Photo by Ford
Even if it didn't have automatic stop/start technology, which it does, Ford’s Fusion would have emerged as one of the stars of the mid-size family sedan segment. Yes, it’s good-looking, which has certainly contributed to its success, but the other part of the equation is Ford's plan to give the Fusion near luxury status. Features like voice control, self-parking, and smart cruise control are standouts in this category. Further, Fusion is offered with no less than three four-cylinder engine choices as well as hybrid and plug-in hybrid powertrains with ranges from 175 to 240 horsepower. A six-speed transmission and front-drive are standard. All-wheel drive is offered as an option. Pricing starts at $22,600.
This four-door medium-sized family sedan with a strong reputation for value got facelifted for the 2015 model year. Already good looking, it’s now more handsome than ever, roomier, and even more competitive, as the Hyundai Sonata’s penchant for value has been enhanced with even more available equipment. Power comes from a choice of three four-cylinder engines ranging in output from 177 to 245 horsepower. All use front-wheel drive. The new 1.6-liter “Eco” engine gets a seven-speed automatic transmission; all the rest get a six-speed. Sonata is offered with a hybrid powertrain, too. Pricing starts at $21,750.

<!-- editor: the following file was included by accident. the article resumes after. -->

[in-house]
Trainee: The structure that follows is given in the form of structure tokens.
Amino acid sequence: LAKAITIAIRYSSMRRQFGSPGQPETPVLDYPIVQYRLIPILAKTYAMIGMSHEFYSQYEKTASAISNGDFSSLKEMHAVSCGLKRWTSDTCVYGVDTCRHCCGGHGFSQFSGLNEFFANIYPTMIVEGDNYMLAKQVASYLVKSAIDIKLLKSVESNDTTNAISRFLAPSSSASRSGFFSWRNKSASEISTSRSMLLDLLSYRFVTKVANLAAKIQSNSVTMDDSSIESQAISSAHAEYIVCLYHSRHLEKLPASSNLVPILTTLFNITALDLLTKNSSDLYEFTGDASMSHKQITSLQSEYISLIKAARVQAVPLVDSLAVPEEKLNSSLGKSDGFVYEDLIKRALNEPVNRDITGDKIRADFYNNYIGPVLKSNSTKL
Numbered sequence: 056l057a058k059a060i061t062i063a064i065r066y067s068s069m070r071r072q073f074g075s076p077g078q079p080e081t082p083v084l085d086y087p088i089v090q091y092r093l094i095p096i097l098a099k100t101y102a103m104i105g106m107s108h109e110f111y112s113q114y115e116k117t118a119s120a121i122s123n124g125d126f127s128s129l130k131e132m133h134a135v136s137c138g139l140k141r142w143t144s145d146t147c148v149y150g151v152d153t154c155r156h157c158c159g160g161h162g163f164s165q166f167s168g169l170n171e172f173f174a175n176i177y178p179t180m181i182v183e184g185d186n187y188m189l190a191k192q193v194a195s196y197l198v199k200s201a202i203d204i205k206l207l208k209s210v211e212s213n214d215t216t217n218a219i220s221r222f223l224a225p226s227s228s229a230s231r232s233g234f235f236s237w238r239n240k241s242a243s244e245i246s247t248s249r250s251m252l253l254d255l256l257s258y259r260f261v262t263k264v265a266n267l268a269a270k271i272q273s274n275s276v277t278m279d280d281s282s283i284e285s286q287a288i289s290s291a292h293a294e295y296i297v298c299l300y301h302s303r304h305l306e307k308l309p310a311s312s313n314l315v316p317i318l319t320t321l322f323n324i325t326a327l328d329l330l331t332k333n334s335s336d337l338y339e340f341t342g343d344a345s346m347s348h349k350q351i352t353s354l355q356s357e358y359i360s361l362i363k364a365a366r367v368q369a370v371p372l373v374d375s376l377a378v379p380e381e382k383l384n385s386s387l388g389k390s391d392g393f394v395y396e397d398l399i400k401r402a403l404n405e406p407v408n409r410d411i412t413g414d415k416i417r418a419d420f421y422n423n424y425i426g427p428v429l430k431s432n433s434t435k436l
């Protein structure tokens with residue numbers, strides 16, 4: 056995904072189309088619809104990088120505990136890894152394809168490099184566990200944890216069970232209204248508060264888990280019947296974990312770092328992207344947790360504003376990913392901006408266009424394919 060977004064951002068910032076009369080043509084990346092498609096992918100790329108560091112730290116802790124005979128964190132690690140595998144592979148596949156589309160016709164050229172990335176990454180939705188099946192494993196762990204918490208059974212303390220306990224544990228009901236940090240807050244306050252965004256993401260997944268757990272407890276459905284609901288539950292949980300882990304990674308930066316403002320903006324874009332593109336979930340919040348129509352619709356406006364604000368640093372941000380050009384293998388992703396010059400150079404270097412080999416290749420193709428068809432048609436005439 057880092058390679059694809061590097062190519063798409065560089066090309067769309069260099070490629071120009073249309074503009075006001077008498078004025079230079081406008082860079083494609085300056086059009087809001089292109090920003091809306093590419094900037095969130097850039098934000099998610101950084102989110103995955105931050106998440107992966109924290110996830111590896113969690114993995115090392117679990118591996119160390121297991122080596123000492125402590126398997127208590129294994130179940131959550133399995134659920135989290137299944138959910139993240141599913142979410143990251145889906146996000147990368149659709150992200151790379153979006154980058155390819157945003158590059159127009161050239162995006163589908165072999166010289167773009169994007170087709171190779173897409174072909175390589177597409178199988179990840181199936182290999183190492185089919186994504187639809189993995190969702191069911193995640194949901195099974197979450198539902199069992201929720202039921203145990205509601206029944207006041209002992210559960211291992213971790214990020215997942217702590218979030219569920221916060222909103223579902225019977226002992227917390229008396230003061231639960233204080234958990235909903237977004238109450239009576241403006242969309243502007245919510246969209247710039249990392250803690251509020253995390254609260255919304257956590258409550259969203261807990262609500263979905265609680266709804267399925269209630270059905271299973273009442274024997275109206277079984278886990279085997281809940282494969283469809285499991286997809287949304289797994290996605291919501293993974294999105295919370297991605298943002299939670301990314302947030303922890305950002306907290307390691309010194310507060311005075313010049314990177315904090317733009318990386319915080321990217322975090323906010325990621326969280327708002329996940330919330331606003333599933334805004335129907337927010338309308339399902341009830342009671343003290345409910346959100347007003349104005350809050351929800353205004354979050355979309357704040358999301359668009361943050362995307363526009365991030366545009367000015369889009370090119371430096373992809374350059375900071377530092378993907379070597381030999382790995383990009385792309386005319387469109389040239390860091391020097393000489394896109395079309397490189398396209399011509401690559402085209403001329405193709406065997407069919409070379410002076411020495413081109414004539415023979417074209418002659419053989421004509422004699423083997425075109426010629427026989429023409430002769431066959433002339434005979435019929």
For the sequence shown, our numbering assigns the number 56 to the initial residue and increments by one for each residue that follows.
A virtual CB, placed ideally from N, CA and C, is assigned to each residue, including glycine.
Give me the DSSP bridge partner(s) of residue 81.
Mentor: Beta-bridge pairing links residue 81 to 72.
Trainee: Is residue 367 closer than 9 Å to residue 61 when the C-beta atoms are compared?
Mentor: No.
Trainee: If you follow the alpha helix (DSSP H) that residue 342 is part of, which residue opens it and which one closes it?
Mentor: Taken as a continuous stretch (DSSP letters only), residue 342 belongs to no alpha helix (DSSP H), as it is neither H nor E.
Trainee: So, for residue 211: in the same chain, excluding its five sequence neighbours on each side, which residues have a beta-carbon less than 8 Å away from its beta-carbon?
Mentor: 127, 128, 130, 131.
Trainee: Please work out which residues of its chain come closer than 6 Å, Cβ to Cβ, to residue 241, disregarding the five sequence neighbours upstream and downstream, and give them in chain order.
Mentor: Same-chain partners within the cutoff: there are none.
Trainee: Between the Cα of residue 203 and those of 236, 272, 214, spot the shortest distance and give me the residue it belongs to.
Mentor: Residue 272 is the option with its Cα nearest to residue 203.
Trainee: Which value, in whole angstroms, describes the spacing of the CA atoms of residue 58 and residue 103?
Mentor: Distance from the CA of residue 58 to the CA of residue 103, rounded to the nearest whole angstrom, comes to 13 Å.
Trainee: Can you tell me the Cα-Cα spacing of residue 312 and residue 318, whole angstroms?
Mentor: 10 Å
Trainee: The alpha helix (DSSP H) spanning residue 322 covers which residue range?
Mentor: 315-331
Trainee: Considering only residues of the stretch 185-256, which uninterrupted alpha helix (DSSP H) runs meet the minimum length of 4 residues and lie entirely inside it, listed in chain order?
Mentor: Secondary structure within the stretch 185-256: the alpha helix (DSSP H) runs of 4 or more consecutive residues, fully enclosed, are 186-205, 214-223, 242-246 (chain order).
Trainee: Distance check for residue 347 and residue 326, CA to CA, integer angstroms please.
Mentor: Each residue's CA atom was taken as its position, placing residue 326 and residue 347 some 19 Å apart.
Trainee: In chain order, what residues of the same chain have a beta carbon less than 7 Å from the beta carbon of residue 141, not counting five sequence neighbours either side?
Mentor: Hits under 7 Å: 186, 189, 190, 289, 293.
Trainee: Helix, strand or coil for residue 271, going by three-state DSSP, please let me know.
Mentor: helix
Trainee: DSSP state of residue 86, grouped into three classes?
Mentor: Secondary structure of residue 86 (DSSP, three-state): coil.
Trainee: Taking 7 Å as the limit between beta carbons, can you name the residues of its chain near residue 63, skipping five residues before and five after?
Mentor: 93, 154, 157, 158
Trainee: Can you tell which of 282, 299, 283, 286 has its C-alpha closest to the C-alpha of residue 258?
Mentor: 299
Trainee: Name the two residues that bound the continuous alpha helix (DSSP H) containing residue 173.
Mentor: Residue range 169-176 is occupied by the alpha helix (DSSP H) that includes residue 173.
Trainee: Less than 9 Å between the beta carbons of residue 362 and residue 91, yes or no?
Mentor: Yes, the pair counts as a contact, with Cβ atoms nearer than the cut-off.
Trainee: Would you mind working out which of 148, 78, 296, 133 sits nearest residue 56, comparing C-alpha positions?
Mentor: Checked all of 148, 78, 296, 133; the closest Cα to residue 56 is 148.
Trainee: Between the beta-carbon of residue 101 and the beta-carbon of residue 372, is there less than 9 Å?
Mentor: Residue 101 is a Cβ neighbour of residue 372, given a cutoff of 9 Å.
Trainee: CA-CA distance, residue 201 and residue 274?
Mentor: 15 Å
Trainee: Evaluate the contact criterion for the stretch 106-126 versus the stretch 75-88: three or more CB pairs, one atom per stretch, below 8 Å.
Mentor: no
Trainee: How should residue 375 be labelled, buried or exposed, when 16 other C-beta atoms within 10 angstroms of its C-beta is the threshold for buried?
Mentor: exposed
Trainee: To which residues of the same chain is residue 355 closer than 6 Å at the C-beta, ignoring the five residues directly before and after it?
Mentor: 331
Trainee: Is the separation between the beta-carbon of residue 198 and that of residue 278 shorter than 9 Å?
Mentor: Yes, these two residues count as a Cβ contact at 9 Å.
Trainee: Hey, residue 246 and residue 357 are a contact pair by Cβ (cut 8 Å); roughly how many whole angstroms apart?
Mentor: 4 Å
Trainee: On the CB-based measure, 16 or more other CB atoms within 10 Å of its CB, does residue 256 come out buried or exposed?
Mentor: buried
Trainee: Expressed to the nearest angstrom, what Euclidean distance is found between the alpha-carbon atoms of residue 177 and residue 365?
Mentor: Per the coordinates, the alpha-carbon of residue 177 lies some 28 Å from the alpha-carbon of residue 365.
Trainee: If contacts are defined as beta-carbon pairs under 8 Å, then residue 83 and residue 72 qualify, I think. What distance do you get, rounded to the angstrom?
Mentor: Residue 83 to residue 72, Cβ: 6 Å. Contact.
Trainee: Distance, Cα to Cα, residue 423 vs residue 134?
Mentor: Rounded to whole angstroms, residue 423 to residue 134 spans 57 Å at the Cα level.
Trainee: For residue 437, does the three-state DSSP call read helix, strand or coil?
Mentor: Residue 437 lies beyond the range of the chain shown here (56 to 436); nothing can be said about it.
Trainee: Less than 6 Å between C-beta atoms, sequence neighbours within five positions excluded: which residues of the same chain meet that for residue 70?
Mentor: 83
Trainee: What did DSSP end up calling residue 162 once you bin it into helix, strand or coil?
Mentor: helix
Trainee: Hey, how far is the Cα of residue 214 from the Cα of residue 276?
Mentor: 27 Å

While the 2016 Mazda CX-5 is indeed one of our “cheap” cars with automatic stop/start technology, the word cheap doesn’t apply here except in terms of the price. This newest CX-5 gets refreshed exterior styling, a nicer interior treatment, an updated suspension system, more insulation for a quieter ride, and a revised user interface for the infotainment system. Options include LED headlights, smart cruise control, rear cross traffic alert, and lane departure warning. Power for the five-passenger compact crossover comes from a choice of two engines: base is a 155-horsepower 2.0-liter four with 150 lb-ft of torque, mated to a six-speed manual transmission. The upgrade is a 2.5-liter four with 184 horsepower and 185 lb-ft of torque, mated to a six-speed automatic. Pricing starts at $21,795.
Another Mazda on our list of the best cheap cars with automatic stop/start technology, the 2016 Mazda3 also ranks highly on our list of fun-to-drive models. The Mazda brand banks heavily on driving enjoyment, and the Mazda3 makes this readily apparent. The Mazda’s styling might give you cause to stop and ponder the confluence of its multitude of curved surfaces, but when you get it out on a similarly curvaceous road, you’ll find the Mazda a faithful companion. Power for the most affordable version of the front-wheel-drive Mazda3 comes from a 2.0-liter four good for 155 horsepower and 150 lb-ft of torque. Offered in both sedan and hatchback formats, pricing starts at $17,845.
The mid-sized Mazda Mazda6 is endowed with a smooth engine capable of delivering admirable acceleration, a nicely crafted interior treatment, a handsome body style, and, of course, stop/start technology. Those desiring a measure of exclusivity can be assured that the average mainstream consumer hasn’t taken notice of the Mazda6 in any significant fashion. A 184-horsepower 2.5-liter inline four-cylinder engine with 185 lb-ft of torque resides behind the Mazda6’s front wheels, and buyers can choose between a six-speed manual or a six-speed automatic transmission. Pricing starts at $21,495.